Not one to sit on her hands, even though she was mostly housebound, she took a trip to the local Craft chain (Michael's) and bought herself a sewing machine.
After sewing one pillow, she realized that sewing jersey material on a midline sewing machine with no walking foot, is a recipe for headaches. She boxed her new machine right back up and asked me if I would like it. For some reason, although I was a simple knitter and crocheter and was extremely intimidated by the idea of a machine that plugged into the wall and went faster than the human hand, I said yes.
When I was expecting my second child (eleven years ago!), my mom wanted to get me something special for my 30th birthday. I asked her for something completely random and totally outside my comfort zone, which I would never get for myself--a one-night sewing class at the Make Workshop in Manhattan. The people were wonderful, they explained the machines well, and I made a tiny, unlined tote bag out of fabric scraps. My sewing career then went dormant for another seven years, through the birth of child number three and our move to a new apartment (we took that machine along though, still in its original packaging).
Finally, shortly before my youngest started school, I made a (second) New Year's resolution to get the machine out of the box and start using it. Though my mom passed away in 2009, using what she had given me made me feel as if I were finally fulfilling a promise. Some projects have been more successful than others, but my Euro-Pro Shark has carried me through Easter dresses, nightgowns, peasant skirts, dance costumes, and cushion covers. I've even had the joy of watching my fourteen-year-old unleash her own crafty side to make over a dozen scrunchies for holiday gifts for high school friends.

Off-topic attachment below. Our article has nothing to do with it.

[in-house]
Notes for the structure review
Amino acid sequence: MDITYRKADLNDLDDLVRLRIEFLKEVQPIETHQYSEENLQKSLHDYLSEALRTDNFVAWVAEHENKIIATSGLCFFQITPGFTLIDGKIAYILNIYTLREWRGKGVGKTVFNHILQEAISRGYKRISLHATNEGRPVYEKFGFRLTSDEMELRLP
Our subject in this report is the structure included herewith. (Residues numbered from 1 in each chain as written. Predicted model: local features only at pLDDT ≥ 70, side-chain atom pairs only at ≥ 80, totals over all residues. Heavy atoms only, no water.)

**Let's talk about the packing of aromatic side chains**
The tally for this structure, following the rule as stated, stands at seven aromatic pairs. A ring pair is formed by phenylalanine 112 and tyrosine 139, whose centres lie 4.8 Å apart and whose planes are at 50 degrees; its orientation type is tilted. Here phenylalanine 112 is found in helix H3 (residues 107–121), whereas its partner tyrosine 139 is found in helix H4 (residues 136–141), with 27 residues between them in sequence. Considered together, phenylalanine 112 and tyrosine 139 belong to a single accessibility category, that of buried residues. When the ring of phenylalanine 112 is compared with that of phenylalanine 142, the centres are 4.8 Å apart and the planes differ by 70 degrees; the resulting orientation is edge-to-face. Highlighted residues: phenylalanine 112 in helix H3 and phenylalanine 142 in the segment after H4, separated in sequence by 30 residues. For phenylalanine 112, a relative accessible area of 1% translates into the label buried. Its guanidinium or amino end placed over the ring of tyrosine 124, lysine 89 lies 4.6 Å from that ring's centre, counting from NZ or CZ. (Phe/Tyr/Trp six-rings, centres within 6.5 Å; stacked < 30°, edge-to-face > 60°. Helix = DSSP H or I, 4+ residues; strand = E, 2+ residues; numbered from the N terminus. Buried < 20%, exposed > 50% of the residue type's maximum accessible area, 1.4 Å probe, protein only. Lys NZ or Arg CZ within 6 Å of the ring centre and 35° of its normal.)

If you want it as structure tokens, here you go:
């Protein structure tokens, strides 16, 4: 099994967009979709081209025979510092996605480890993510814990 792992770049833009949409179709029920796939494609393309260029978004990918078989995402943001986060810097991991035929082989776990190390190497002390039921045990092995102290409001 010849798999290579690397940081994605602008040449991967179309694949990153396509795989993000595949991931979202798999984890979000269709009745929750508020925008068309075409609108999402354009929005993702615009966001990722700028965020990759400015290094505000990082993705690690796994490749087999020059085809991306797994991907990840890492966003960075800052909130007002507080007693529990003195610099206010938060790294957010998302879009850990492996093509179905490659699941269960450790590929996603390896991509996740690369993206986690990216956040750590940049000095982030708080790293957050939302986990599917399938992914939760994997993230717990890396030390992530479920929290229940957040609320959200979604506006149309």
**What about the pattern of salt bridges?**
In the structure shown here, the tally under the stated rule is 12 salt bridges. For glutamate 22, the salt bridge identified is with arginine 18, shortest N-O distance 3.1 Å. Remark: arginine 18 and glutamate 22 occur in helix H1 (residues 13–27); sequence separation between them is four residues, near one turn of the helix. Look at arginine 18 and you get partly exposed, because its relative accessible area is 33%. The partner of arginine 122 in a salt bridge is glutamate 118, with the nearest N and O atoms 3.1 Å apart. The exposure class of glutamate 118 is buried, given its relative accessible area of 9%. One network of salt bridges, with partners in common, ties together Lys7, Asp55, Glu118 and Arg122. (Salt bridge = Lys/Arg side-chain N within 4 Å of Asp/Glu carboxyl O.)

It sounds pretty rosy, but as I progress on my sewing journey, I have learned that I need a little more durability than my machine can give.
Reasons for upgrade
1. The button hole foot has never worked properly, and that space at the back where you're supposed to put in the button for perfect sizing just taunts me. That's possibly my own fault, since the first time I tried to make a buttonhole I mistook the needle-threader for the button-hole lever and held it down in a way that was somewhat damaging, but I think it's more an expression of the machine's temperamental nature.
2. It's obsolete. That is to say, that the Europro company (located in Canada), no longer makes a Shark sewing machine, and, although perfectly nice on the phone and willing to rectify their mistakes, they sent me the wrong walking foot twice before they got me the correct one.
3. Again, possibly my fault for sewing with cheap thread, but sometimes the tension disk seems to grab that thread and not let go, resulting in all kinds of mayhem.
4. If I sew fast or for an extended period of time, the screw on the flywheel loosens, and has even been known to fly out of the machine.
5. I swear the blind-hem foot is backwards.
6. Those new sewing machines have such cool features, including an automatic needle-down stop, extra wide stitch widths, letters, and customer support.
Although it may sound far away, I have found a sewing machine dealer in Morningside Heights (a straight shot on the 2/3 line), who will take my old sewing machine (as a courtesy), sell me a Janome DC5100, and service aforementioned brand-name machine.
It's time to part ways, but thank you, inanimate object that has brought me thus far.